Strands of contemporary paganism in the UK have a long ancestry – tracing their routes back to the eighteenth-century legacy of the antiquary William Stukeley – but it is in the last three decades that interest has soared and diversified: pagan traditions now include various shades of Wicca, Druidry, Heathenry, and Goddess Spirituality, among others. Sacred sites is written by two academics who are also practising pagans: Blain is an anthropologist, and Wallis an archaeologist of visual culture. The volume is the outcome of a project that set out to explore the discourses around pagan spiritual engagements with sites identified as sacred, and the conflicts and negotiations that have thus ensued with other, ‘official’ agencies and narratives. While for pagans sacred sites can include ‘natural’ landscape features, the focus here is on the relationship with those that are conventionally defined as prehistoric (mostly Neolithic and Bronze Age) ceremonial monuments, and especially stone circles, henge monuments, and rock art.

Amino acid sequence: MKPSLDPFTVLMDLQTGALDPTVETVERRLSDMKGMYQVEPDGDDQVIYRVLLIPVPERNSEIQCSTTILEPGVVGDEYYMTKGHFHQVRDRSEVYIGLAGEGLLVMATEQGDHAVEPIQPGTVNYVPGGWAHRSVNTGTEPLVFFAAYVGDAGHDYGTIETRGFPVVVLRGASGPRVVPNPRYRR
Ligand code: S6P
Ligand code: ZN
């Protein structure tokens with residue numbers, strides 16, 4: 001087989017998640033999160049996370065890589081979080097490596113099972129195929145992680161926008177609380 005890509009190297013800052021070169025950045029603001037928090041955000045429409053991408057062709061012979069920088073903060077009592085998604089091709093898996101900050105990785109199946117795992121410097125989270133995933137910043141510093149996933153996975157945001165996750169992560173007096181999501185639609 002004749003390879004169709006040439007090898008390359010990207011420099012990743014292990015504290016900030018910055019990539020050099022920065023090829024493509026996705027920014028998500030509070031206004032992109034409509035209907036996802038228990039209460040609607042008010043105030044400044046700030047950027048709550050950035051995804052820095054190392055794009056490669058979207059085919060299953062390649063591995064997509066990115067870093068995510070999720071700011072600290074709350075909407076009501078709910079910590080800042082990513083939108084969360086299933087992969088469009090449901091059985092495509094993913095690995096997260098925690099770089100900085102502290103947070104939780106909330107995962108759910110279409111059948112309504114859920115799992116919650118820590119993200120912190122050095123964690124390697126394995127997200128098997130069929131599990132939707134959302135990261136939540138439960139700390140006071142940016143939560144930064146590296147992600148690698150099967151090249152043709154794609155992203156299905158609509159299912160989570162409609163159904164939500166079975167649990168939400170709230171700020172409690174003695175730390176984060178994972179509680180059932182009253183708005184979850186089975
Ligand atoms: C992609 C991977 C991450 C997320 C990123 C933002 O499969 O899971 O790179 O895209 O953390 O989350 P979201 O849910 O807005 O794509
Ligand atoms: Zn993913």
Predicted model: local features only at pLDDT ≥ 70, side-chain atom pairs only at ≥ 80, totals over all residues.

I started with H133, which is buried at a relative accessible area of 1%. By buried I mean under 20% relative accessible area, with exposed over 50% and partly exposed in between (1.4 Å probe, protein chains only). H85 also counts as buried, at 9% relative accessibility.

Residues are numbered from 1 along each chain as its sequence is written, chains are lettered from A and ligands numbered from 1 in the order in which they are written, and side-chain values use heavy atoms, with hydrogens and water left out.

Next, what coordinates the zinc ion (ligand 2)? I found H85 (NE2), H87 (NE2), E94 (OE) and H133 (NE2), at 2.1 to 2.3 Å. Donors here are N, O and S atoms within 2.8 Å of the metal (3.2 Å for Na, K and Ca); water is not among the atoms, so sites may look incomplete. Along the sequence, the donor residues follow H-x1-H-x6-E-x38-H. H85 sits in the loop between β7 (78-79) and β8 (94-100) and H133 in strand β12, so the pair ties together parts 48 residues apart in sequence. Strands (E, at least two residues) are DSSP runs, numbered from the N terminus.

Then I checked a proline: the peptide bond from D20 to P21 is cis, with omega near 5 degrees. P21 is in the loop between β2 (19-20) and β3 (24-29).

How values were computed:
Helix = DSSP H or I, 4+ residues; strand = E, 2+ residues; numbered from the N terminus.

... With current calls from some pagan groups for the reburial of prehistoric human remains held in national and regional museums, this is a very timely book, and one that opens up much-needed research into modern religious engagement with prehistoric sites. At one level, the work is an exploration of contested ‘heritage’ as it faces the burgeoning diversity of alternative interests; at another it is an ‘anthropology-at-home’ ethnography of pagan practice and politics.